Submitted by Ayesha
Science plays a vital role in improving living standards and is constantly transforming the way we perceive the world. It is a key player in the increased lifespan of humans due to rapid medical advancements. I have realised that with these advancements comes some drawbacks. As people are living longer the effects of age-related ailments and non-communicable diseases become much more evident. This shows that biomedical sciences will always have areas to explore and contribute to. As such, my desire to contribute to this dynamic field has led me to want to study biomedical science and eventually add to its research field.
The aspects of biology I find most interesting include the areas biochemical interactions and anatomy because the phenomena of life and the evolutionary trajectory of humans is truly captivating. I am often driven to carry out independent research. The theories behind non-clinical medicine hold much to be explored for me. I've recently delved into the arguments in favour of stem cell research in preparation for an annual interscholastic science society debate. This enhanced my public speaking skills, debating skills and academic writing skills. The reading I did for this debate furthered my understanding on the methodologies used for scientific research and the process of verification. Something that really opened my eyes to the real world application of science was a medical workshop run by Queen Mary University London.
The science behind kidney transplant surgery and why it can be very complicated to find a match for some individuals, was a particular focal point. I have seen, first-hand, the stress and devastation that my 5-year-old cousin and her family went through whilst waiting for a compatible donor. Its promising that, if approved for human use, desensitisation could be a much more convenient alternative to dialysis and immunosuppressants. Researchers haven't resolved exactly why regenerated antibodies are less likely to attack transplanted organs, but I would love to be knowledgeable with the field once this is further delved into. I've also attended various university open days and taster lectures. One memorable lecture was about the complex biochemistry of a schizophrenic brain at the University of Oxford. The lecture explained the effect of dopamine on the brain and touched upon how excessive dopamine receptors may contribute toward schizophrenia.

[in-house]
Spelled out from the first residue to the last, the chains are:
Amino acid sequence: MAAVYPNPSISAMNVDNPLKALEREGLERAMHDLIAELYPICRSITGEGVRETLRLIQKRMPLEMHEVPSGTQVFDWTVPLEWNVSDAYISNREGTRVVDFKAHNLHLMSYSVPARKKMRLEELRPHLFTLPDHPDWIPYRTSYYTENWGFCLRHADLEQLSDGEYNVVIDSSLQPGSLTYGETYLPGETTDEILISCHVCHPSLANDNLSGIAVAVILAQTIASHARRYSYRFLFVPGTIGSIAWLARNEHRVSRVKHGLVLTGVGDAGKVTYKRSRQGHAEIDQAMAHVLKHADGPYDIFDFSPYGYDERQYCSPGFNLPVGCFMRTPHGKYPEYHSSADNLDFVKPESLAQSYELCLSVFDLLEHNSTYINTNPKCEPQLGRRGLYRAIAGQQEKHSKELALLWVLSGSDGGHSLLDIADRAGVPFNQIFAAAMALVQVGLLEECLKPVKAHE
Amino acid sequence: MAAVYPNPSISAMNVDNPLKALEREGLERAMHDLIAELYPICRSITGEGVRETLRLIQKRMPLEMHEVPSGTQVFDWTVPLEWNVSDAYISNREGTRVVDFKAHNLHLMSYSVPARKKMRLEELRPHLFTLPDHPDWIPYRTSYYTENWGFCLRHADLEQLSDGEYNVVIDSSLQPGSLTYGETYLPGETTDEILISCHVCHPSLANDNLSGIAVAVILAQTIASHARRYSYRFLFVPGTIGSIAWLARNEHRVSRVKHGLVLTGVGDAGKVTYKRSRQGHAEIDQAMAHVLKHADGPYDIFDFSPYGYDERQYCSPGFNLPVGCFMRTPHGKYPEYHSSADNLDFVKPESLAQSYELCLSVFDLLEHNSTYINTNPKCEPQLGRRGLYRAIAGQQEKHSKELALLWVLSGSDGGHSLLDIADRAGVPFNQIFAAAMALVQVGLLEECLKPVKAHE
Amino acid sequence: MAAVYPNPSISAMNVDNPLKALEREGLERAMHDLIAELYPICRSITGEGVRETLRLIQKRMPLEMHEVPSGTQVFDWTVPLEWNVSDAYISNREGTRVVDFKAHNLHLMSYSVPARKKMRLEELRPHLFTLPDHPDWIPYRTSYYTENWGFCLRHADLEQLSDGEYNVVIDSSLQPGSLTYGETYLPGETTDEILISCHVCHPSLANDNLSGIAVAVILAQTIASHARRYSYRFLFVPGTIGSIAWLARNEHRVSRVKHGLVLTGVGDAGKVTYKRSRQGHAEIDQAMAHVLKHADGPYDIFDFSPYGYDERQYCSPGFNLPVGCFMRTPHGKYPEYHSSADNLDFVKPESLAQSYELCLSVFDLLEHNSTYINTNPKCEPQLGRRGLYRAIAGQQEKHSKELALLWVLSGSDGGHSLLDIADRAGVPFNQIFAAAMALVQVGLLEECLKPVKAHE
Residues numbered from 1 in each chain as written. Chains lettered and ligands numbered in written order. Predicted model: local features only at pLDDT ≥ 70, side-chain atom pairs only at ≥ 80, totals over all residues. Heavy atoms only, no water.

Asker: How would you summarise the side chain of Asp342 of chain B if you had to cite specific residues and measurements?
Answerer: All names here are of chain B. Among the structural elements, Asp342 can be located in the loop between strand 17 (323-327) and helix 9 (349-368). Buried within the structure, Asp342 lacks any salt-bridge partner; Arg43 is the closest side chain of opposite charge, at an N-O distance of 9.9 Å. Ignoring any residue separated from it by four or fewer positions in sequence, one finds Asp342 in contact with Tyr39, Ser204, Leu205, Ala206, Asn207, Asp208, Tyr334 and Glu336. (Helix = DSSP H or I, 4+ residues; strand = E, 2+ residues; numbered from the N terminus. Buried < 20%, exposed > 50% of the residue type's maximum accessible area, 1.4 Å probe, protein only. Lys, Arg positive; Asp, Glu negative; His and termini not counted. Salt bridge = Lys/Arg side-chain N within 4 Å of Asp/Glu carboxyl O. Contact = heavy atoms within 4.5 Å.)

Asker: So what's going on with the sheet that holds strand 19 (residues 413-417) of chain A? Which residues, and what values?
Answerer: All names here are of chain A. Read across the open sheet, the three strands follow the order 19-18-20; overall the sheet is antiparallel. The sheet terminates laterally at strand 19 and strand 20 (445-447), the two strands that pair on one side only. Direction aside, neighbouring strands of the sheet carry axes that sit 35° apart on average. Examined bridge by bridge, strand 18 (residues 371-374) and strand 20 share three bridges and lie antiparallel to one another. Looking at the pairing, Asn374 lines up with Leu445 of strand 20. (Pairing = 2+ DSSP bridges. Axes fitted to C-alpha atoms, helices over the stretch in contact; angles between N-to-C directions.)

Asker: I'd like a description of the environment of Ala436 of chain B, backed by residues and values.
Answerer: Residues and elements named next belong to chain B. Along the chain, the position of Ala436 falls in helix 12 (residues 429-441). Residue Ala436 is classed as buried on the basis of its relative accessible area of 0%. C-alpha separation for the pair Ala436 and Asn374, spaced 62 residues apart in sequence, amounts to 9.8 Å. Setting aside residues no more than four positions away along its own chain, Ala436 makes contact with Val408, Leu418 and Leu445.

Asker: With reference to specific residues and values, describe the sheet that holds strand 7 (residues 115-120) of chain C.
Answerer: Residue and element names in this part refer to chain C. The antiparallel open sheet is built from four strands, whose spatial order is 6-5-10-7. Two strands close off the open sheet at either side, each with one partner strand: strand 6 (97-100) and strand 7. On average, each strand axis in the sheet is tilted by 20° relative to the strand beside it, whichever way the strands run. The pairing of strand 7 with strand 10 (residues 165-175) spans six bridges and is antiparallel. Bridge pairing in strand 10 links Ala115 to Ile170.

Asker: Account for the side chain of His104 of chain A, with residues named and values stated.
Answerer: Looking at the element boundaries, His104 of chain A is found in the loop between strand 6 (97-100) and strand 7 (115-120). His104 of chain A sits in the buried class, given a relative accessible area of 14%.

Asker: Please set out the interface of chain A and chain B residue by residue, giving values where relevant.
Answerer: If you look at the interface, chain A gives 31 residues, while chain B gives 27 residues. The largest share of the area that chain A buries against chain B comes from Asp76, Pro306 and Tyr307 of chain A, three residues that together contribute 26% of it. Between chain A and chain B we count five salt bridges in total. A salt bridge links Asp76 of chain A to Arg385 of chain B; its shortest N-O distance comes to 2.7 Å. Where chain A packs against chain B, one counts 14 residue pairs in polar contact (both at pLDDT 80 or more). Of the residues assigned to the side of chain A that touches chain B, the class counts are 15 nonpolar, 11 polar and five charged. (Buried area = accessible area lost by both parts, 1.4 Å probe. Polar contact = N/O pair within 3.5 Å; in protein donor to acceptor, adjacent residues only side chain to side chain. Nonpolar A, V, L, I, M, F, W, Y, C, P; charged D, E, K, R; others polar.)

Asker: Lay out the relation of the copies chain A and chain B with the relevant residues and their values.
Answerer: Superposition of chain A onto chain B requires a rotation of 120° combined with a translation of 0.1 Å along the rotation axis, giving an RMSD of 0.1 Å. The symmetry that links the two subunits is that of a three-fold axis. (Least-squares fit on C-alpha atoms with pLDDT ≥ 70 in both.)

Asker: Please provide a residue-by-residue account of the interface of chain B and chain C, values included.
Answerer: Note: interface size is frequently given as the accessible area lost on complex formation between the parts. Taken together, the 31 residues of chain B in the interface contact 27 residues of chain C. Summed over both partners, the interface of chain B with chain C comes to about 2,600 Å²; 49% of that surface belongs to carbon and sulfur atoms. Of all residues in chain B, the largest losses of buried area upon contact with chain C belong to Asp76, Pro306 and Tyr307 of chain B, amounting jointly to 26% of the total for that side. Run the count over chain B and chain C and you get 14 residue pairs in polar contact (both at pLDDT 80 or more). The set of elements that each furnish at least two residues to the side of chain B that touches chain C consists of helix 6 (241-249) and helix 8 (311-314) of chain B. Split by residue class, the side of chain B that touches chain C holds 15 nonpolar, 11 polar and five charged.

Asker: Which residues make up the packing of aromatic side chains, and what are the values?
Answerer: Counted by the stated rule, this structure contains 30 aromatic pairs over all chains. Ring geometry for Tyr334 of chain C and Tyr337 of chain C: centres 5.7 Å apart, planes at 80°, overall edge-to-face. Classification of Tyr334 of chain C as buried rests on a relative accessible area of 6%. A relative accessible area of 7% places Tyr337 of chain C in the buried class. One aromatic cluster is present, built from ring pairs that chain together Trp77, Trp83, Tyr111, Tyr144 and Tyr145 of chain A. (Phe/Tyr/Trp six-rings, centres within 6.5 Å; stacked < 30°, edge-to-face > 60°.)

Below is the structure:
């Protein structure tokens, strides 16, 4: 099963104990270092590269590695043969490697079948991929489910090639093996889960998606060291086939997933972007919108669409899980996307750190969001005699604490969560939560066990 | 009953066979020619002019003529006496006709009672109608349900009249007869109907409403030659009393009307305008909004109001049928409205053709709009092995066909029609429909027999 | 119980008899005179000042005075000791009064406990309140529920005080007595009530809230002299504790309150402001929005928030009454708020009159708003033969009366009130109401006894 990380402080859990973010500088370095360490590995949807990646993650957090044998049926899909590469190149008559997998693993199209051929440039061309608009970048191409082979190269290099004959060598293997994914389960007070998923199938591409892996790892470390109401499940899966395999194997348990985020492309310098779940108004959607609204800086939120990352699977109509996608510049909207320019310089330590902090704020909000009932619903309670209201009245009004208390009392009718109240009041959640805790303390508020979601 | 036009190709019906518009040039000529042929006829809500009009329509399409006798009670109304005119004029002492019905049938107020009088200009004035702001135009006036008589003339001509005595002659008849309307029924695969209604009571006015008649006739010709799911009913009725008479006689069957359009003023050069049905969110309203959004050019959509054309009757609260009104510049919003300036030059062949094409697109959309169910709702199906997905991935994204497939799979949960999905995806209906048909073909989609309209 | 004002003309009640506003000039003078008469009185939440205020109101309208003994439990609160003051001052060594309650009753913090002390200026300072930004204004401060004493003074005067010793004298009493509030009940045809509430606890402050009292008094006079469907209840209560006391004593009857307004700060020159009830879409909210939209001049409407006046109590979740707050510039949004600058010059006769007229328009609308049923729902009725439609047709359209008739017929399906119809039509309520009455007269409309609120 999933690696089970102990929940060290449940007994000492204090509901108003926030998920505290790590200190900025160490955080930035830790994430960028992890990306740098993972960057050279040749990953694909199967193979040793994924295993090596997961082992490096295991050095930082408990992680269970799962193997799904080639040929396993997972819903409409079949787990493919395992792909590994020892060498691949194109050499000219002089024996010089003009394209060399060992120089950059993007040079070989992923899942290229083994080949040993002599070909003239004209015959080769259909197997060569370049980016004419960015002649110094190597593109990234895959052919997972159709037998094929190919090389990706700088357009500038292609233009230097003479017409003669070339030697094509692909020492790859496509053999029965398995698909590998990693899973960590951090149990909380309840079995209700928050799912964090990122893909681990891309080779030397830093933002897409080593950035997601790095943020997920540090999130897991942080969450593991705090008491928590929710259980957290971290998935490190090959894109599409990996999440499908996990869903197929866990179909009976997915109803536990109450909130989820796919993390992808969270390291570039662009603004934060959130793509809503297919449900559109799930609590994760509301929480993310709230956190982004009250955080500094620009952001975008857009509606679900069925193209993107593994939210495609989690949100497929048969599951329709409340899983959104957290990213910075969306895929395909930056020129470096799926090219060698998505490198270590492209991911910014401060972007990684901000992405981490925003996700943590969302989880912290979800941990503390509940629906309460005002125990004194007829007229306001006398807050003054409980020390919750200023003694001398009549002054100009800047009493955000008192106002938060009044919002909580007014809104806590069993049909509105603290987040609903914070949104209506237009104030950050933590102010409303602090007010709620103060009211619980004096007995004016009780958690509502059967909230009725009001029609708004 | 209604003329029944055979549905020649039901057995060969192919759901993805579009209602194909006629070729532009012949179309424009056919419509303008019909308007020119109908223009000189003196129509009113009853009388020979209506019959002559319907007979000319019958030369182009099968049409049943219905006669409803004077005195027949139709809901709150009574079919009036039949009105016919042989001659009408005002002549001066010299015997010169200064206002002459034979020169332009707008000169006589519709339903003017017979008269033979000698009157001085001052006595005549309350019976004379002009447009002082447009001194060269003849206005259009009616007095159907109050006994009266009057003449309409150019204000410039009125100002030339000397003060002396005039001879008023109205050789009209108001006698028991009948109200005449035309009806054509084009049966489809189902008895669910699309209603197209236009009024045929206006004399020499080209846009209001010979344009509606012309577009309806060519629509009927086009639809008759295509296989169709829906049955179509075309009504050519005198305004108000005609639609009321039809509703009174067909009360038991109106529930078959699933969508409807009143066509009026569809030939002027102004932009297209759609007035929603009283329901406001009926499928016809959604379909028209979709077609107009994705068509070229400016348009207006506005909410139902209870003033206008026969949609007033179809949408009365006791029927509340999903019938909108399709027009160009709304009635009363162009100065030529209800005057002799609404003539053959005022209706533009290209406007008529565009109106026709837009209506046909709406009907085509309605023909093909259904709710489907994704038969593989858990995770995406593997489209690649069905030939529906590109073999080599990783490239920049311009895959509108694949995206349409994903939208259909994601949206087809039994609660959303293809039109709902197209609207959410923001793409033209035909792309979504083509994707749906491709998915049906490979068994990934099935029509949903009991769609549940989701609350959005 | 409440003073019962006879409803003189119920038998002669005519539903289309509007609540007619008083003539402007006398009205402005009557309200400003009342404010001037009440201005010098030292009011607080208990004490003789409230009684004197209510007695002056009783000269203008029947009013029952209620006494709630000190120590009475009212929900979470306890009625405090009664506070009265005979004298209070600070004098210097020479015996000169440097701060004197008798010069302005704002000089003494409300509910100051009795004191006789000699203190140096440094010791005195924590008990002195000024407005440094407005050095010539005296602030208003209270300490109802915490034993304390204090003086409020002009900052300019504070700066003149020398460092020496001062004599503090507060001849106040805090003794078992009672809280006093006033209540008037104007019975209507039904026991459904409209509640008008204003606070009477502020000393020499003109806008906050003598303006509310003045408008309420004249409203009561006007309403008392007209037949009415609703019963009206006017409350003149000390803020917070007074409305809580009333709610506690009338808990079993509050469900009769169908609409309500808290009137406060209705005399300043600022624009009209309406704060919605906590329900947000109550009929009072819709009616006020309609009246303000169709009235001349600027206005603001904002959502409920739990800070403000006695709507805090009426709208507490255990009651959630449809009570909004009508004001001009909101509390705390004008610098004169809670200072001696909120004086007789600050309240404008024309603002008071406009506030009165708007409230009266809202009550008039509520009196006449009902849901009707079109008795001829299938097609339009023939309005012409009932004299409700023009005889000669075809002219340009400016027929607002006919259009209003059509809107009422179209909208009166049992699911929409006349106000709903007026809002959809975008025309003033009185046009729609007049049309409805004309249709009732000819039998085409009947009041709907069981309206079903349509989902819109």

Hoping to further understand the underlying causes of reactions in the brain, I read the book "Why Chemical Reactions Happen". One key idea presented is entropy being the tendency of all closed systems to move towards disorder. New studies suggest that consciousness could be a mere side effect of increasing entropy levels in the brain. So by extent, decreasing levels of entropy in the brain could be a factor stimulating irrational schizophrenic thoughts. I like exploring these ideas that connects different topics together and apply theories to real world biomedical problems. Biomedical science is becoming increasingly reliant on computers and programming for efficient data presentation, storage and analysis.
I am an avid programmer and have taught myself basic python using Codecademy and other online resources. So I understand the importance of interdisciplinary reliance for biomedical science. For example, genomic data science is a very programming intense sector of biomedical science, without which analysis of genetics will be incredibly difficult and time consuming to do. I have a passion to help people that struggle with health complications so to make that dream a reality I have acquired numerous skills that would make me a successful academic. This includes the resilience and patience that programming taught me, the ability to express complicated problems in a much simpler manner which I gained through tutoring maths students and the team working skills I have accreted by part taking in various school drama productions.